Hi. How are you? I’m good.
First, let me congratulate you on being named International Year of Chemistry and International Year of Forests. I’m sure you’re very proud, and I trust you will do more for Chemistry and Forests than 2010 did for Biodiversity and Youth, the two things of which it was International Year. I mean, between the BP oil spill and the shrilll internet dominance of “Beliebers,” 2010 has a lot to account for on both fronts. Although, to be fair, 2010 did have Anna Paquin coming out as bisexual, which I’m sure benefited both Biodiversity and Youth. Don’t you worry about how, 2011. Only with time and reflection will the human race be able to fully comprehend the positive ripple effect of Anna Paquin’s bisexuality on everything from tween pop stars to the Mediterranean Monk Seal.
Before I get any further, 2011, I should probably admit that I’m still not sure how to pronounce you. Should I say “twenty eleven” or “two thousand and eleven?” Rhythmically, I favor “twenty eleven,” but I also like how sci-fi it sounds to say “two thousand and eleven.” If you don’t mind, I think I’ll avoid an uncomfortable situation altogether by coming up with a special nickname for you.
So, twenty double one, I’ll get to the heart of this letter. I’ve heard a rumor about you. Word on the street is you have a new Jodie Foster movie coming out, and it’s called The Beaver. Is this true, twenty dub one? Because if it is, I’m not quite sure how to feel. ‘Excited’ comes to mind, but so does ‘paralyzed with trepidation and disbelief.’ I’ve only felt this particular tingle on a few isolated occasions, like the time I looked down and saw someone wearing finger shoes
and when I first learned that miniature pigs exist.
Jodie Foster’s (The) Beaver stirs in me a feeling that is deep and real. I am a longtime Jodie Foster fan. Back before I knew I was gay, or even what gay was, or even that gay was a legitimate thing a person could be, or even that I didn’t single-handedly invent the concept of two girls “doing it” in what I believed was simultaneously the greatest embarrassing glitch and spectacular triumph of my overactive pre-teen, pre-gay imagination, I found myself inexplicably scouring the video store for any and all Jodie Foster flicks I could find. Freaky Friday? Seen it. Foxes? Seen it. Taxi Driver? You talkin’ ta me?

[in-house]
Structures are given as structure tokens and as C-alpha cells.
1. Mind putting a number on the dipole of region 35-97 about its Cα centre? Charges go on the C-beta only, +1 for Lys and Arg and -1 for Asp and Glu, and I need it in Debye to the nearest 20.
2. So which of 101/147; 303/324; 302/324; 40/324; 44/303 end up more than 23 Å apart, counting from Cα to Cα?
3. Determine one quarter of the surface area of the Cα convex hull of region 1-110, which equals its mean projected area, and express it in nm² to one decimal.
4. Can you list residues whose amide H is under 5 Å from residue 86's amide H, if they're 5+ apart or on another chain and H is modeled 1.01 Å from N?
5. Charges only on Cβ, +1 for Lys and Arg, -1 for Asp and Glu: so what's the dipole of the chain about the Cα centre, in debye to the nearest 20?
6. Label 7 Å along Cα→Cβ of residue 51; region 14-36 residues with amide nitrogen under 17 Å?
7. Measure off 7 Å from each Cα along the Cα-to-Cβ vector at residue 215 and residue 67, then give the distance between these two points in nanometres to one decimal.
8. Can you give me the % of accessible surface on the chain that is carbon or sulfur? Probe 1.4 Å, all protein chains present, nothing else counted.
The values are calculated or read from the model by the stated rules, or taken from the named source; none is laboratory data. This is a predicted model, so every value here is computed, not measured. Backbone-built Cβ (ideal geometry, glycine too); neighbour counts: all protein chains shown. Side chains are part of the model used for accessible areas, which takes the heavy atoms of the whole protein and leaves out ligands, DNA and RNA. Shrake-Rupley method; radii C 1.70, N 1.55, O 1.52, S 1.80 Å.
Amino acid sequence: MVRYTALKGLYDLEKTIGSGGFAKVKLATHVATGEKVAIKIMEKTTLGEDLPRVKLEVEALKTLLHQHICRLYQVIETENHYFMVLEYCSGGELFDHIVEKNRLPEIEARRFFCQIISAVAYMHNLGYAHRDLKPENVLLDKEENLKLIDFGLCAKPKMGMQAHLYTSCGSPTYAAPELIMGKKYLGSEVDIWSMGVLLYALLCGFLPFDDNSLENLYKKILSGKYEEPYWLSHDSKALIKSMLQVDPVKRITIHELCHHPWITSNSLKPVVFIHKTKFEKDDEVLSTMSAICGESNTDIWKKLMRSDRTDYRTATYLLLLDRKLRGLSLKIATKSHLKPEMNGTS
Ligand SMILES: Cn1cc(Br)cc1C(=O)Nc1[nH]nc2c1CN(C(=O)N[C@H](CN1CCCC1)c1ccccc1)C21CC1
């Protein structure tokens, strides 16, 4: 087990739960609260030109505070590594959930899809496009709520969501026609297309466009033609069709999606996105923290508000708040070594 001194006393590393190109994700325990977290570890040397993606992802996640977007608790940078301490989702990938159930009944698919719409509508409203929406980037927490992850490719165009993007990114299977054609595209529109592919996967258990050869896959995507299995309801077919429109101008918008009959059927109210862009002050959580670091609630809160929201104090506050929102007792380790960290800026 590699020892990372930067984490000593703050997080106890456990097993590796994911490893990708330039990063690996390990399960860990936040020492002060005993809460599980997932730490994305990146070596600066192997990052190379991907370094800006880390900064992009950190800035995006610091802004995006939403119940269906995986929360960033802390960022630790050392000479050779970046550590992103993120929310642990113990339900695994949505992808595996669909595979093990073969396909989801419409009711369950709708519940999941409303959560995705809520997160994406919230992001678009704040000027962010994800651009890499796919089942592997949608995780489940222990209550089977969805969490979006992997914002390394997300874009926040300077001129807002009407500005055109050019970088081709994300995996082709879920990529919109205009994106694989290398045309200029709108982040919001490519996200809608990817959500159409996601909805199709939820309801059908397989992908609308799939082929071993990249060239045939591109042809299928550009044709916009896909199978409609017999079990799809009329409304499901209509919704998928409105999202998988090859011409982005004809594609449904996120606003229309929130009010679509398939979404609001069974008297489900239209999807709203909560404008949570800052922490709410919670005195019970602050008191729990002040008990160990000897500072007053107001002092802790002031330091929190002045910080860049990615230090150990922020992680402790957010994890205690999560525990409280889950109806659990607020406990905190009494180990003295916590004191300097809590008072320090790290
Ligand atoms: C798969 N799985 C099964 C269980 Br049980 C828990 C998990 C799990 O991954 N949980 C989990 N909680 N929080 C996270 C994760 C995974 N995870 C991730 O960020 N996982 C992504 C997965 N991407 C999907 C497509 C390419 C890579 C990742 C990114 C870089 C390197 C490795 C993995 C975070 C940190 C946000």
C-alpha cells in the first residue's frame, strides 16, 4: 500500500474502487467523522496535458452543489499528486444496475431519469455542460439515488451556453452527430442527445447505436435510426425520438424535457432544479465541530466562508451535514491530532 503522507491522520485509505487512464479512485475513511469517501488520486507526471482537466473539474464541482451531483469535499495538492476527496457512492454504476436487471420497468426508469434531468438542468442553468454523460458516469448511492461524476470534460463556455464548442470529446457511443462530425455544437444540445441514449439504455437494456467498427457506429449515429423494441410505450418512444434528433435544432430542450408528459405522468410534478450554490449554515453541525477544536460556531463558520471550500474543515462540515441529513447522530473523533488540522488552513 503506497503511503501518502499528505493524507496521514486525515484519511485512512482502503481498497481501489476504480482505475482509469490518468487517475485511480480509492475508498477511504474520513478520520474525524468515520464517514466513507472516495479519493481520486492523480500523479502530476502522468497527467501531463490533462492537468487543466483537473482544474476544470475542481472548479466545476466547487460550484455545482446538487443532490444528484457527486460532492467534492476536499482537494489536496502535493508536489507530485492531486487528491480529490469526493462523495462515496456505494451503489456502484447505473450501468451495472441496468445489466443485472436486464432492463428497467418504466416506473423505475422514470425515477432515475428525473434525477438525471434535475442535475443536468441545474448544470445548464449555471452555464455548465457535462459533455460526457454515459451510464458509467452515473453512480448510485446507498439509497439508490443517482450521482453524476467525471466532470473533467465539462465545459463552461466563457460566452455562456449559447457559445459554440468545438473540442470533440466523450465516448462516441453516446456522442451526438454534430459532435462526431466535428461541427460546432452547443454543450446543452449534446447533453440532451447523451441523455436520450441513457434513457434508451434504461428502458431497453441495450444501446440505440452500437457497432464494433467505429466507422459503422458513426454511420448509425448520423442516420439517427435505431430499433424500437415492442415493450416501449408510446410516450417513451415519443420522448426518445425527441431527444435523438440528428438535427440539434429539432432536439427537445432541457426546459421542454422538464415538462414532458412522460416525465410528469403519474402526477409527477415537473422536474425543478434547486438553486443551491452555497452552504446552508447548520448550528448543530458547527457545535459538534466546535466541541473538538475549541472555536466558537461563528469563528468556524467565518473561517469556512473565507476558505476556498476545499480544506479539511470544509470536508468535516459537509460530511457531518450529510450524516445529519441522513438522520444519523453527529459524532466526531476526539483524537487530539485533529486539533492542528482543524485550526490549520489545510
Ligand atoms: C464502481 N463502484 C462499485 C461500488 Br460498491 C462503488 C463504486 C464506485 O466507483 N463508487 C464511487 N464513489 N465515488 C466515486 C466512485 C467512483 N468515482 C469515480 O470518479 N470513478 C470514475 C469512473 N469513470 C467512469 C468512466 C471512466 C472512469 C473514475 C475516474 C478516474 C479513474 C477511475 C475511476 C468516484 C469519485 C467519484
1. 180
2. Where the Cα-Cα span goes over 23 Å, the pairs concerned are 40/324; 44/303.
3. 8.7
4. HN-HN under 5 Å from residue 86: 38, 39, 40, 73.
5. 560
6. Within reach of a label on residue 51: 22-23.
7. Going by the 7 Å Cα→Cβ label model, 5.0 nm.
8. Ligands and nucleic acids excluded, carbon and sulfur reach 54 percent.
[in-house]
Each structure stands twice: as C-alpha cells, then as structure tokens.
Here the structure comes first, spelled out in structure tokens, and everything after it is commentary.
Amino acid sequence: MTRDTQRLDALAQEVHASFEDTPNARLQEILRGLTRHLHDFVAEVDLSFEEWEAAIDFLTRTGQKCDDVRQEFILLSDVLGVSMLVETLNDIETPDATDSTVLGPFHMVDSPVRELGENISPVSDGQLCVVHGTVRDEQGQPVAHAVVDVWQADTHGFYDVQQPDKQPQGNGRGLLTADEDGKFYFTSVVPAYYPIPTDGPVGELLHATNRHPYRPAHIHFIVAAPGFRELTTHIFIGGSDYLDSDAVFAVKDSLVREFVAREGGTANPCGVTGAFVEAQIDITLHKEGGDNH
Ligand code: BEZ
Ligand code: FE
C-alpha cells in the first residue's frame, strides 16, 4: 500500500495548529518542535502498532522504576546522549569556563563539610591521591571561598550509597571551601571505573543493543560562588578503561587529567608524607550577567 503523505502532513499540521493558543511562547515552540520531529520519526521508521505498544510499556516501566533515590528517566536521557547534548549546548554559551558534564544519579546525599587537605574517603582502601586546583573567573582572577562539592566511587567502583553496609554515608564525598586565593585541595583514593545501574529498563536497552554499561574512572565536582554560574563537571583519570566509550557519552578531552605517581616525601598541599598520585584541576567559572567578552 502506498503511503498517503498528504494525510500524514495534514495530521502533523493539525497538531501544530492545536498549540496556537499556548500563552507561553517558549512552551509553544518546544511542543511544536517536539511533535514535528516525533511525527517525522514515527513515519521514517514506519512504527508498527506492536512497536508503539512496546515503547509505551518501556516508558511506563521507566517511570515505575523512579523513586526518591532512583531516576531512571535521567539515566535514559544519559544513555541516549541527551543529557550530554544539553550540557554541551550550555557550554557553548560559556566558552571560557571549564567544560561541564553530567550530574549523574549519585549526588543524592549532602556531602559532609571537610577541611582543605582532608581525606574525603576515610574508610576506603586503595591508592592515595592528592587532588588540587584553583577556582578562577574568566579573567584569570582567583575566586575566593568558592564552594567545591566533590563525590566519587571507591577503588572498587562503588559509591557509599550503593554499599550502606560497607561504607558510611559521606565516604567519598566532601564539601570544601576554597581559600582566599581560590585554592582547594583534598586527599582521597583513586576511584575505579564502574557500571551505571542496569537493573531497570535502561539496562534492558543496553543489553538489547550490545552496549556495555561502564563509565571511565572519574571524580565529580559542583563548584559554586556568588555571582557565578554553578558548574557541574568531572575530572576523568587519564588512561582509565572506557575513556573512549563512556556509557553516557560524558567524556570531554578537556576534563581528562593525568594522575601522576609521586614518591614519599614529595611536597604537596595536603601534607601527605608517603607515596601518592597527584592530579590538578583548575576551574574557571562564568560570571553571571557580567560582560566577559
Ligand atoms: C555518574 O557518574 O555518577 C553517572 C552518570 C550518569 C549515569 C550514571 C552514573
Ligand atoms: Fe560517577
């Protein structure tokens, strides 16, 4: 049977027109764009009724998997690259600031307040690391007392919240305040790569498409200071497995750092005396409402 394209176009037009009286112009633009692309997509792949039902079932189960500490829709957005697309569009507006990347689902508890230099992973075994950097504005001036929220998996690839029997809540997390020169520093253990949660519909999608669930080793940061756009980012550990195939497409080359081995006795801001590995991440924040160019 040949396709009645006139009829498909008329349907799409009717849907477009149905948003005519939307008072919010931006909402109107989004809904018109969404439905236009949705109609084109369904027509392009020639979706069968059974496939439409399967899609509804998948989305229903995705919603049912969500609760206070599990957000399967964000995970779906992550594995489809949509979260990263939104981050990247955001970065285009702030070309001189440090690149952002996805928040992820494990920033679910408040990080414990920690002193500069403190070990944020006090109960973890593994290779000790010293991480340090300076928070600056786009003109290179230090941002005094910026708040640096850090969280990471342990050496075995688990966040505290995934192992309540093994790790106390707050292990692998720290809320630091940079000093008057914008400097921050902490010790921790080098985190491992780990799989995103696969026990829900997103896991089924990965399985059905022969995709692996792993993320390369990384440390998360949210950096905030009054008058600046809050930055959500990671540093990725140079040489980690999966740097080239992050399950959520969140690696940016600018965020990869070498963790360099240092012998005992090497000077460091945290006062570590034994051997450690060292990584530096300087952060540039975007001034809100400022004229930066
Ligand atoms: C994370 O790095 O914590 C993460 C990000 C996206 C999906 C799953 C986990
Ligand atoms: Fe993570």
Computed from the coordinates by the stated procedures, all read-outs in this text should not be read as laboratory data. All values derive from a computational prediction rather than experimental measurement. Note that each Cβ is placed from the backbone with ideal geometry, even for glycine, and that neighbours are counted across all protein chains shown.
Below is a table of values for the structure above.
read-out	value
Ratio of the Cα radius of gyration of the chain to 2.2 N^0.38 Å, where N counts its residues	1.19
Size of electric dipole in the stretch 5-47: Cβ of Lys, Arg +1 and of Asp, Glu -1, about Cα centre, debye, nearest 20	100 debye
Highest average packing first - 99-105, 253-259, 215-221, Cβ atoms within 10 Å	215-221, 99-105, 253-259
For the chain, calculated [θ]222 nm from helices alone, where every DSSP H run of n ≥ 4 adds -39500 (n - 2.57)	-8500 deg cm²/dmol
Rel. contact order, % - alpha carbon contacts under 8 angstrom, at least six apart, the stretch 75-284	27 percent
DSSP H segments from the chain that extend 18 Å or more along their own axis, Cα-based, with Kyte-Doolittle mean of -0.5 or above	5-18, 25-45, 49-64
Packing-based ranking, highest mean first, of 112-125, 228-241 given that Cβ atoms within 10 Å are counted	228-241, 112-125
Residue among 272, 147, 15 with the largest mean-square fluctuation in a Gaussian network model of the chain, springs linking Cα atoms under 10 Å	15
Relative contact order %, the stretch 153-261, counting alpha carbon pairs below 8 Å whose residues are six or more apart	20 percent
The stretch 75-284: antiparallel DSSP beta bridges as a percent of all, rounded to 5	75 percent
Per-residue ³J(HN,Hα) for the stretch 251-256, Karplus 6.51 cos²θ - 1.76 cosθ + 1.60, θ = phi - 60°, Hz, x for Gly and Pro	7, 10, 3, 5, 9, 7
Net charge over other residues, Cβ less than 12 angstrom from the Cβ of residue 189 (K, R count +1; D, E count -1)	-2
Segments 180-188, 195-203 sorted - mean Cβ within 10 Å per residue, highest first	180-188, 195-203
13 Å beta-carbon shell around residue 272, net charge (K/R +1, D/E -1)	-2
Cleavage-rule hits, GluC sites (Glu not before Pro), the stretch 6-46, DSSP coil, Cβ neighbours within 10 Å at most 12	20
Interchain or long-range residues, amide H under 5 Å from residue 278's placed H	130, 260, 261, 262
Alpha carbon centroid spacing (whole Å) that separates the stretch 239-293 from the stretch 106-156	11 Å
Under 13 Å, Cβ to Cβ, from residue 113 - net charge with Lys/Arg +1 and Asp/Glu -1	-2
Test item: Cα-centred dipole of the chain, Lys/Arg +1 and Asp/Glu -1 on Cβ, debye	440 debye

I just knew, the way one knows, that Jodes and I were kindred spirits. I was drawn to her like a vocally homophobic right winger is drawn to a secret gay sex life, which is to say completely and unfailingly. I knew I had something to learn from her kind. Of course, I had no way of knowing it at the time, but here’s what Jodie looked like the year I was born:
Yes, 2011. Jam-packed into that one photo is a jauntily inhabited three-piece suit, a no-nonsense hair cut, and a commanding gaze, three of ten key indicators of a visibly recognizable lady gay. (The other seven, if you’re wondering, are six separate variations on a knowing smirk, and comfortable shoes.)
You can understand why The Beaver has piqued my interest. What really concerns me, though, is the fact that the movie co-stars Mel Gibson. As you know by now, in addition to being named International Year of Youth and International Year of Biodiversity, 2010 was also named International Year of The Death of What Was Left of Mel Gibson’s Reputation, which unfortunately doesn’t fit as neatly on a U.N. plaque. As much as my inner pre-teen, pre-gay self is dying to see a Jodie Foster flick called The Beaver, I’m not sure I can deal with Mel Gibson, especially when his sexist, racist, brutish hand is stuck up a beaver puppet for most of it.
I know there are a lot of other, more important things I could be writing to you about, 2011, like your plans for the economy or the environment or Lindsay Lohan (who starred in the remake of Freaky Friday. Coincidence?). But, in its own small way, this is important to me. Please don’t be the year in which Jodie Foster puts out a terrible movie. I mean, 2007 was weird enough for her when she finally came out and the world answered a collective, “Doy.” You can do better by Jo-Fo, can’t you two-oh-elev? To be honest, The Beaver’s trailer actually looks kind of interesting:
You may not know this, but there have been crazier, less likely Jodie Foster movies. Back in the day (which actually spanned a three year period of my life), so serious was my quest to see everything of hers that I possibly could that I even rented Bugsy Malone, 1976’s all-child gangster musical. That’s right, all-child gangster musical. I know that upon first glance, the phrase “all-child gangster musical” seems like three concepts shoved up against each other so haphazardly that the resulting combination loses all intelligence, like National Rifle Association or Traditional Values Coalition or Sean “Puffy” Combs. But trust me, Bugsy Malone is pretty spectacular.
I’m looking forward to getting to know you, 2011. I’m sure you’re going to dazzle the world with sights even more amazing than small children, covered in whipped cream, dressed as gangsters and show girls, performing choreographed routines while lip-syncing to upbeat piano numbers. Oh, and I’m especially looking forward to November 11, otherwise known as 11/11/11. What a cool date! Of course, if the past ten years are any indicator (01/01/01 through 10/10/10), I will likely miss the date entirely until reminded of it in my friends’ Facebook status updates.
Thanks for reading, 2011. I hope this letter finds you well.